I found Beatrice’s metaphors quite interesting. This text is for me an original and creative way to express her strong opinions.
First we have to realize that this text was written in 1932, therefore she was a modernist, this means she believed that there was only one way (the right one) to do something, and that we should always follow the rules.

Basically I got 2 key ideas from the text:
Firstly, the content is more important that the media. If we have to choice between a goblet of solid gold (quite luxurious and expensive) or a crystal transparent one to pour wine, the right decision will be the last one. This is because it was effectively designed to “reveal rather than hide the beautiful thing which it was meant to contain”, wine.
This also applies to typography’s choice, which depends on the content.
And she goes further with the metaphors saying that, the long stem of a wineglass works in the same way as the margins of a book that again, are there for a specific reason.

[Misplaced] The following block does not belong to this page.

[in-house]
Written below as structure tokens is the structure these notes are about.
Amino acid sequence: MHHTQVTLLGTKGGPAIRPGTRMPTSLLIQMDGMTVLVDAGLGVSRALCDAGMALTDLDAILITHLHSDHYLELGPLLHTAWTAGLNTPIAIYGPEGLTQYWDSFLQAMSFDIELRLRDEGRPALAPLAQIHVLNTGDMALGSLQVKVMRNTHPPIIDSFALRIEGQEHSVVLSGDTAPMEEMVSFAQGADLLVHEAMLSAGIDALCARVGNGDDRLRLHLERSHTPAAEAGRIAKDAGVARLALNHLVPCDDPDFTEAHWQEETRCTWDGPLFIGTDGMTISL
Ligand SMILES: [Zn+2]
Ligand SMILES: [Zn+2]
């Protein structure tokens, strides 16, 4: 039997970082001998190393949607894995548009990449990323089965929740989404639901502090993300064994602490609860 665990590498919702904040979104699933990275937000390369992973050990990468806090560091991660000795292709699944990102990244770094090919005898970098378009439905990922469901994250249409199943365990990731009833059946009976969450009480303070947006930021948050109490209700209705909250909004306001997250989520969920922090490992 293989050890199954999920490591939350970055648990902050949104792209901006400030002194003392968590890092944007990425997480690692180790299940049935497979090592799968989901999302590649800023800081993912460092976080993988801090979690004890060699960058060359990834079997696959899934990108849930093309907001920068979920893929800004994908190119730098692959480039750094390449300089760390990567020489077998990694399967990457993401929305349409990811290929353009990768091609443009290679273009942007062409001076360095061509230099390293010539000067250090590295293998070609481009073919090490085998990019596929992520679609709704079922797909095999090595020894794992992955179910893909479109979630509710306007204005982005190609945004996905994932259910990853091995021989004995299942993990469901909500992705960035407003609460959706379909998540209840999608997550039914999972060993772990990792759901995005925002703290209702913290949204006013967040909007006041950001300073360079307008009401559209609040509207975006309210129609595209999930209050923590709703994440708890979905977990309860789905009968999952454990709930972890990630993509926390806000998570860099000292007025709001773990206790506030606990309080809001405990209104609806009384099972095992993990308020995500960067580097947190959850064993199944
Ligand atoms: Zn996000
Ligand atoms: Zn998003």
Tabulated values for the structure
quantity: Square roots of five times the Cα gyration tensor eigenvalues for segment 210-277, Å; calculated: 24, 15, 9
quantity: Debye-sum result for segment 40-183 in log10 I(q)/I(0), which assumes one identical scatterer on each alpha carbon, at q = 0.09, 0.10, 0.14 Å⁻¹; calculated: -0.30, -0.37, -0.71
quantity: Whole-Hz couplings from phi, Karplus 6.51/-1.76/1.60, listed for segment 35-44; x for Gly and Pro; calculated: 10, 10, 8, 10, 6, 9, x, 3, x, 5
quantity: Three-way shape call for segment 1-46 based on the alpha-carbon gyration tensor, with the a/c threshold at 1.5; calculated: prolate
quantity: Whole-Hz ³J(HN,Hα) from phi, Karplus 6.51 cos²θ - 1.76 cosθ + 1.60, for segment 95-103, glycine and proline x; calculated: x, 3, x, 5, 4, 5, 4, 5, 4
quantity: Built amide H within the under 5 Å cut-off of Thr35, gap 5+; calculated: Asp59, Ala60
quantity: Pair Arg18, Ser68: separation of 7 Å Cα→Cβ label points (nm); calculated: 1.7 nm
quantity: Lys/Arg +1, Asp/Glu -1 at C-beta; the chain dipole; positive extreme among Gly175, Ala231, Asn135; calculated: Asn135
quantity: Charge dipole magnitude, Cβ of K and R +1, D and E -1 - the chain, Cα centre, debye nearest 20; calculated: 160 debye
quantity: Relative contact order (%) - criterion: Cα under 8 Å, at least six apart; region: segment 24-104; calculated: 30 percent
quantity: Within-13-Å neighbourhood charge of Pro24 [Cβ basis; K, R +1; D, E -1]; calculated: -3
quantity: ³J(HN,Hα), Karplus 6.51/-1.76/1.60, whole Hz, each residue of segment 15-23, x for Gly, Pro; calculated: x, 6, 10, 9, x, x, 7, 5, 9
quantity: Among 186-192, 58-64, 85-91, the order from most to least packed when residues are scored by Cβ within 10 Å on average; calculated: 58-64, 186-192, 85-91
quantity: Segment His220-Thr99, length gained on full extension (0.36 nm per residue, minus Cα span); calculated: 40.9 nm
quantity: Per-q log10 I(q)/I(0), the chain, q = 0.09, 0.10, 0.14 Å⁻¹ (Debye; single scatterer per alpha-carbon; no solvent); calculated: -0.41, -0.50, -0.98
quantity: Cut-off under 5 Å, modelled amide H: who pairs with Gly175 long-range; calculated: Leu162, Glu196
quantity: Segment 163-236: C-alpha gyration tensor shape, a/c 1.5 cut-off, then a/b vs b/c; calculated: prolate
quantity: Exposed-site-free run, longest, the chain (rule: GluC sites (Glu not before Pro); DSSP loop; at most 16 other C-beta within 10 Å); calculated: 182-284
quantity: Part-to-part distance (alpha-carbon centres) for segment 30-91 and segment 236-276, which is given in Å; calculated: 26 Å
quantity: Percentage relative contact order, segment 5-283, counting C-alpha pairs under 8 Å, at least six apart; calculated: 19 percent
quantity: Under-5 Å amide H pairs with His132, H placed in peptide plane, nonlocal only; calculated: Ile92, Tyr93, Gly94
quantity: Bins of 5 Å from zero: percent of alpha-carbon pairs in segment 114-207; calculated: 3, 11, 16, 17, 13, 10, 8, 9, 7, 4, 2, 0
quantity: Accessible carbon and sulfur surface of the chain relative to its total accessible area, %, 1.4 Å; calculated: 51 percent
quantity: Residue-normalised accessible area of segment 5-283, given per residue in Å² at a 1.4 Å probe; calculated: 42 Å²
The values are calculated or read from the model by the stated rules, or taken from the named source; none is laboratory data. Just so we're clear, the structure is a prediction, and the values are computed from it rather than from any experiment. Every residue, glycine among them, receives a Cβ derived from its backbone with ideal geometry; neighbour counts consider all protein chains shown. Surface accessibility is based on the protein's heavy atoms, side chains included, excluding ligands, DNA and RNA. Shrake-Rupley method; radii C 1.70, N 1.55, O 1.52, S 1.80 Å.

Secondly, as good designers first we should focus on the function not on the appearance. Through history we have seen that “wine” as well as the “ideas” have the power of altering people’s minds. Printing is basically a way humans use to transfer each others thoughts. So the main function of printing is to deliver ideas from one mind to another. The world of typography is so extensive that without having in mind this primary function we can easily fail in our mission as designers.

In conclusion, she is telling us that “Good design should be invisible”. So after reading a book, article, etc… readers shouldn’t remember the appearance of the cover, pages or typography, but only remember the written message.
In the same way the perfect wineglass is the one that let us taste the wine with all our senses, so we wont remember the glass but we will remember the taste of the wine.

By contrast, the Postmodernist vision of Keen, encourages us as designers to break the rules and not be invisible.

For me the question is if as designers, do we have a Modernist or Postmodernist posture.